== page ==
Cambodia’s Tonle Sap, a lake known as the country’s “beating heart,” faces a more rapid decline than previously estimated, according to a new study.
Experts say that urgent countermeasures are needed to save Southeast Asia’s largest freshwater lake, which has served Cambodia for millennia.
Millions of Cambodians depend on the Mekong River and the Tonle Sap for fish catches that provide them with their main source of protein.
Cambodian fishermen pull more than 400,000 tons of fish out of the Tonle Sap each year, making the lake the world’s largest and most productive inland fishery.
The new study focusing on the sediment flow in Southeast Asia’s longest river was produced by the Stockholm Environment Institute (SEI), an independent nonprofit research organization.
The damage done to fish migration to and from the Tonle Sap by upstream dams in China and Laos has already been widely reported.
The dams and their reservoirs block adult fish trying to migrate upstream and larvae and juveniles trying to migrate downstream.
But the damage to the Tonle Sap caused by a decline in sediment flows which have been disrupted by the dams has been less well studied.
Robust sediment flows to the Tonle Sap lakebed help to nourish the plants and smaller organisms on which the fish feed. Without this sediment, the lake’s food chain is likely to collapse.
According the SEI report, factors leading to “a drastic reduction in sediment loads” in the Mekong include hydroelectric dams, riverbed mining for sand, land-use changes, and climate change.
Among these factors, the report says, the most important are the dams’ reservoirs and riverbed mining.
Climate change, which has brought extreme weather changes, including increasingly intense floods and drought, exacerbates the situation, it says.
The sand dredged from the Mekong riverbed goes mostly into concrete. The concrete has been used in the dams and in other Chinese projects being built along the riverbanks and for the Chinese-backed construction of a China-Laos railroad and its tunnels.
The stakes are huge. According to the World Wildlife Fund, the Mekong counts for up to 25 percent of the global freshwater catch and provides livelihoods for at least 60 million people.
The Food and Agriculture Organization of the United Nations (FAO) says that the Mekong is the second most biodiverse river in the world after the Amazon.
The river supports the largest inland fishery in the world. But dams have been disrupting the migration of more than 100 species of fish.
In Cambodia, researchers have warned in recent years that a loss of fish resources caused by dam building could devastate the health of rural children.
And experts have documented signs of chronic malnutrition in a number of villages.
In 2010, The Mekong River Commission (MRC) recommended that all damming be postponed through 2020.
The MRC was formed in 1995 through an agreement among the governments of Cambodia, Laos, Thailand, and Vietnam to ensure the “reasonable and equitable use” of the Mekong River system.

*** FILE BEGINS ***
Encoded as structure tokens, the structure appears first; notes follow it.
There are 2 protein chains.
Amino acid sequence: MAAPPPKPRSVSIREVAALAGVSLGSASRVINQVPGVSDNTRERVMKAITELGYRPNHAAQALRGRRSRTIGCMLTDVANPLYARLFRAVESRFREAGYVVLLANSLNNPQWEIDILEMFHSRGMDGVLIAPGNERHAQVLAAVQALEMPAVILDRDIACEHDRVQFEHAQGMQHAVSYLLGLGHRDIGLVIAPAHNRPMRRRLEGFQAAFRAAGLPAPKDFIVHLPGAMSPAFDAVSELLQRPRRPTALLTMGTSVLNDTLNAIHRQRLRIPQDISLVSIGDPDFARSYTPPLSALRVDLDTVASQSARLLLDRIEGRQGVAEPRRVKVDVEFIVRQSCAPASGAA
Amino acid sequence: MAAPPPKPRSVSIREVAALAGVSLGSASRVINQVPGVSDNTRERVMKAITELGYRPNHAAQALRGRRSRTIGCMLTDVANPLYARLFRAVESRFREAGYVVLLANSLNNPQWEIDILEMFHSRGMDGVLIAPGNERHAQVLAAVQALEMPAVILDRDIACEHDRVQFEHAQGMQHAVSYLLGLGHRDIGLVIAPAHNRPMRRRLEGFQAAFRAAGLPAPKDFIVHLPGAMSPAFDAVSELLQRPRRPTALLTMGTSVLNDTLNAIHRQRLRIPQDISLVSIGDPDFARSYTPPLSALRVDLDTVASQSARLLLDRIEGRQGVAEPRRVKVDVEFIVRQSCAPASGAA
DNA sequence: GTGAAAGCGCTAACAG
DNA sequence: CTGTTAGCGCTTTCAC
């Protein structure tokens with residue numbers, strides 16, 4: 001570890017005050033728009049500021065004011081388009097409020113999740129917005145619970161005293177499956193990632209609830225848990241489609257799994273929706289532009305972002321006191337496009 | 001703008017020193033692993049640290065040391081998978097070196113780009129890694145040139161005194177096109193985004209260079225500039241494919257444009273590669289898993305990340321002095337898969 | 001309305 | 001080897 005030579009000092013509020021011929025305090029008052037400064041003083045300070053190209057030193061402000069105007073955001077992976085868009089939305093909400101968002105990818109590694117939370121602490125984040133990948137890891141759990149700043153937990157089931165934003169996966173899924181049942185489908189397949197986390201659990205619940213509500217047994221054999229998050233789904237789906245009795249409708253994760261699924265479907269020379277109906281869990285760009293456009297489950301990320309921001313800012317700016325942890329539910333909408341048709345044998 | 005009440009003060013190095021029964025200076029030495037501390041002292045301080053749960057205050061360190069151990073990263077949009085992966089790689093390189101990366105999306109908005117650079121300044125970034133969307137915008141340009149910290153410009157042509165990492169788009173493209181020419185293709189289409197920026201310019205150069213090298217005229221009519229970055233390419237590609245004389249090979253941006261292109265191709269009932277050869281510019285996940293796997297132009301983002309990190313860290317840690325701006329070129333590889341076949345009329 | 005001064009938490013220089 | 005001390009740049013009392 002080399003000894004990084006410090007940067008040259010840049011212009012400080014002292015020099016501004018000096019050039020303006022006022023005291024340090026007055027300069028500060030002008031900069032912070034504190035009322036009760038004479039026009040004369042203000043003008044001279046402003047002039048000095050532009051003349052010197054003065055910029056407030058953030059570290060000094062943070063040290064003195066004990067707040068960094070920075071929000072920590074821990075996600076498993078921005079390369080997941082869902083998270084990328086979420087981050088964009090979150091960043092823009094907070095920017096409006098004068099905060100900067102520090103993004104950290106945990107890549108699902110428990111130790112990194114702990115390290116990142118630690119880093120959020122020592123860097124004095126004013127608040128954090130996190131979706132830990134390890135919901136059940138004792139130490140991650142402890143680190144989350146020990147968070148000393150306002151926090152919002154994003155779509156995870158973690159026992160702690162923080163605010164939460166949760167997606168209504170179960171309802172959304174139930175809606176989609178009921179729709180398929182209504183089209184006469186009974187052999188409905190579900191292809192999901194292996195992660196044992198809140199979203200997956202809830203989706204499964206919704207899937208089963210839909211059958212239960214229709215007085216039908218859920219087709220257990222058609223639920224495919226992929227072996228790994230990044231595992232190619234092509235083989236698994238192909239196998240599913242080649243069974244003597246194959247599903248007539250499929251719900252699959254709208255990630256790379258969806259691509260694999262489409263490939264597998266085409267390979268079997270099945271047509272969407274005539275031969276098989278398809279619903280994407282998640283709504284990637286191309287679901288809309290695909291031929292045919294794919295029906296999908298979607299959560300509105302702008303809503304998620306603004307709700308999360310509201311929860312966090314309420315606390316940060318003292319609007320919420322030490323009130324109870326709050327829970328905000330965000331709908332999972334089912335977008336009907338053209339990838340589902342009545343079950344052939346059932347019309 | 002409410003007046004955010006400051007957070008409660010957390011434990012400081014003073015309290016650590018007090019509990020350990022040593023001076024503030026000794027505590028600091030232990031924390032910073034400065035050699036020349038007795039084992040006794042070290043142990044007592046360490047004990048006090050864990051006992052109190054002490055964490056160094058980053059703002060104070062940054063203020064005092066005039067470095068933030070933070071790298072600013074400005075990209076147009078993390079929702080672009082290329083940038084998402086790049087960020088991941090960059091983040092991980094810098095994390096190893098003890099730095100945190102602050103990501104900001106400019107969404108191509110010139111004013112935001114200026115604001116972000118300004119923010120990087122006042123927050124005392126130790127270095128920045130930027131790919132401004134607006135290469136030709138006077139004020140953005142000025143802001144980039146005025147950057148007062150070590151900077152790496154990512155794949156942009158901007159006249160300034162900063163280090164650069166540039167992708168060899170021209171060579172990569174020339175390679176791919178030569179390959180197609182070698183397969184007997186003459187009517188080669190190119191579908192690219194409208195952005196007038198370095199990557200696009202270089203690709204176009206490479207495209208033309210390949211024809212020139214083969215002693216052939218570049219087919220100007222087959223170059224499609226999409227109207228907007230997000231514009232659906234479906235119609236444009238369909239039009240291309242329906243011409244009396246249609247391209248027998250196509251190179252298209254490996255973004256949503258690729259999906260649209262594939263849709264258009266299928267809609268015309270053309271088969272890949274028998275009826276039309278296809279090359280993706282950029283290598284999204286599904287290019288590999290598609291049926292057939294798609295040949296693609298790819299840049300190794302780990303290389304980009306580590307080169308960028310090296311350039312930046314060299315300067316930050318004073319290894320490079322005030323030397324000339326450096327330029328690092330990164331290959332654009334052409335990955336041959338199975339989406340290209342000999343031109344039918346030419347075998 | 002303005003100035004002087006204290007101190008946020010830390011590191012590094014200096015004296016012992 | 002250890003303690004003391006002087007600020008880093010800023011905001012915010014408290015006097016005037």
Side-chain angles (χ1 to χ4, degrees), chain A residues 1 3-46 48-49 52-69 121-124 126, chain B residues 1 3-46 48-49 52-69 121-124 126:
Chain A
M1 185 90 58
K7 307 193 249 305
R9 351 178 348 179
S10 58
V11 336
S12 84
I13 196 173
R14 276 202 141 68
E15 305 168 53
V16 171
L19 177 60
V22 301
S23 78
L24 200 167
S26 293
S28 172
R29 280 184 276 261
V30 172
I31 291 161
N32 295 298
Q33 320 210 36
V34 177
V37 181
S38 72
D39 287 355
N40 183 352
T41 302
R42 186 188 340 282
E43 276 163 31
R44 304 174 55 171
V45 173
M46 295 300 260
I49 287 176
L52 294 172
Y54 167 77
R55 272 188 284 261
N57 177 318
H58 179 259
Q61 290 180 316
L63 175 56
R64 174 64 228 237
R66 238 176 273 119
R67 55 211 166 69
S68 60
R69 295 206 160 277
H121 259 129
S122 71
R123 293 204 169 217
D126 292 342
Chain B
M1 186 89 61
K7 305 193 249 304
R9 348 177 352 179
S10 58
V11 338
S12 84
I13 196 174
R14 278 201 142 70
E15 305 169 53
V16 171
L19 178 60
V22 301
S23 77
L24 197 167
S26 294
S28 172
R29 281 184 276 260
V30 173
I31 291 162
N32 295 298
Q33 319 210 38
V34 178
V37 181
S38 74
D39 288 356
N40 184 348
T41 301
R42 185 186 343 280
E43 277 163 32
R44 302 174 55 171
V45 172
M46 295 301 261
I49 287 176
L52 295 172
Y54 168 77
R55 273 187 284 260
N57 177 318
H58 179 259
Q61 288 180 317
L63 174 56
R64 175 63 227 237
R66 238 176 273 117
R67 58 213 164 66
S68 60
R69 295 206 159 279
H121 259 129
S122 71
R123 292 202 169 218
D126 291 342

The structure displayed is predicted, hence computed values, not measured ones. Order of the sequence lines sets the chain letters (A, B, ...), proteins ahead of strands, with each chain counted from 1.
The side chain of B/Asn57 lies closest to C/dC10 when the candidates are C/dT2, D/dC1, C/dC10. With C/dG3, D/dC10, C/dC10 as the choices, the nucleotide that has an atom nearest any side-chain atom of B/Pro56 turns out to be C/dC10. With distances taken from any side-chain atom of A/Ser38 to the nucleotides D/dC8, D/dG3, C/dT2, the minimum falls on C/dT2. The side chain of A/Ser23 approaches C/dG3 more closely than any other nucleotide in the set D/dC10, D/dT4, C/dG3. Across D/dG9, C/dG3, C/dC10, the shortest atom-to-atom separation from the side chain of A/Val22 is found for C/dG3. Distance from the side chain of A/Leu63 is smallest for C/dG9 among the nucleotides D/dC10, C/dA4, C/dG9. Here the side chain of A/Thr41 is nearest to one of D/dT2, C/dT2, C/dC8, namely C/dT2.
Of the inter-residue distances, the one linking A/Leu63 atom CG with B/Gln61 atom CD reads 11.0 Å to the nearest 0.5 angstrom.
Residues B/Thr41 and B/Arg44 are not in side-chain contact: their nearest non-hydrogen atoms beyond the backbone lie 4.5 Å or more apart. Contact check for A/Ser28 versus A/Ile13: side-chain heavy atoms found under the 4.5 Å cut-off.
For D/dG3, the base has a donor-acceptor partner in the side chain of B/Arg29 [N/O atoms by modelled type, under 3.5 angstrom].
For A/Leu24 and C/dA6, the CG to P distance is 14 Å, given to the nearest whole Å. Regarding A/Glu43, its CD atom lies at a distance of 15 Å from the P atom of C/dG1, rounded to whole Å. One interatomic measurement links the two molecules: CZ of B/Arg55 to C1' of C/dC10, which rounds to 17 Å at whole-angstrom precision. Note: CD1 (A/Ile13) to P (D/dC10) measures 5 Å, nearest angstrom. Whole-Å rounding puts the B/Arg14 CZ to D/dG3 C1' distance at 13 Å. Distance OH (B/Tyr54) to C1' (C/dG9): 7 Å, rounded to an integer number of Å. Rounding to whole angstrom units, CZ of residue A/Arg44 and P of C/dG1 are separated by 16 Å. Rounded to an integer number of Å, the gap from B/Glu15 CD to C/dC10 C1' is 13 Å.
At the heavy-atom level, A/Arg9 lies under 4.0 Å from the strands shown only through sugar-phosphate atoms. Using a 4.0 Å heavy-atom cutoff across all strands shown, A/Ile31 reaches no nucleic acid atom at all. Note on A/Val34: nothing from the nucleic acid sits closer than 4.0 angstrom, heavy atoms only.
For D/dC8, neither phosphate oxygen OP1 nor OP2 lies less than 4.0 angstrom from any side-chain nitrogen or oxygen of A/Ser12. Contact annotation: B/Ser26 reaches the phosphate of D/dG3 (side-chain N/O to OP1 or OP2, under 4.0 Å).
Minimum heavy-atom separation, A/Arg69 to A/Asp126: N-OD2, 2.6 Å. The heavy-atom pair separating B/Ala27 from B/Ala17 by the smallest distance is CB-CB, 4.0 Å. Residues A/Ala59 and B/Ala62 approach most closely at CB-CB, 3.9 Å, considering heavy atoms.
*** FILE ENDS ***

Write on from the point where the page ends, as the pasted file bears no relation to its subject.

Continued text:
But the commission’s findings are nonbinding, and China is not a member of the MRC.
The importance of sediment
Sediment might sound like an arcane subject studied by no one but agricultural experts. But for farmers and fishermen living downstream from China, it can mean life or death.
According to Thanapon Piman, a researcher for the SEI and lead author of its report, sediment is “critical for the formation and stabilization of deltas and the ecosystems they support.”
Sediment, or silt, enrichs the entire Lower Mekong Basin and supports farms, irrigation, fisheries, water quality, and water-based plants.
Dr. Thanaphon says that if all of the dams proposed for the Lower Mekong Basin are developed, including dams that are planned or ongoing, this could prevent more than 90 percent of Mekong’s sediment load from being transported downstream.
The SEI report isn’t the first of its kind to warn of looming, mostly man-made disasters on the Mekong.
A 2012 study by the Washington, D.C.-based National Academy of Sciences identified Cambodia’s Lower Sesan 2 tributary dam as the most destructive to fish biodiversity of the country’s dams.
The dam was expected to endanger 56 fish species. That impact will be felt across Cambodia as well as in the neighboring countries of Laos, Thailand, and Vietnam.
In June 2014, The New York Times reported that a growing population of fishermen at the Tonle Sap were engaging in overfishing. The cutting of mangrove swamps that shelter fish added to the damage.
During the dry season, the Tonle Sap feeds the Mekong River, releasing water that irrigates and nourishes crops to the southeast
But during the rainy season, the Mekong backs up into the Tonle Sap.
In brief, the waters of the Tonle Sap ebb and flow with the annual cycle of the river that feeds it. The Tonle Sap River connects the lake to the Mekong.
The ebb and flow of its waters gives Southeast Asia’s largest freshwater lake the nickname “Cambodia’s beating heart.”
The good news is that many internationally recognized scientists have been monitoring and reporting on the Mekong and Tonle Sap.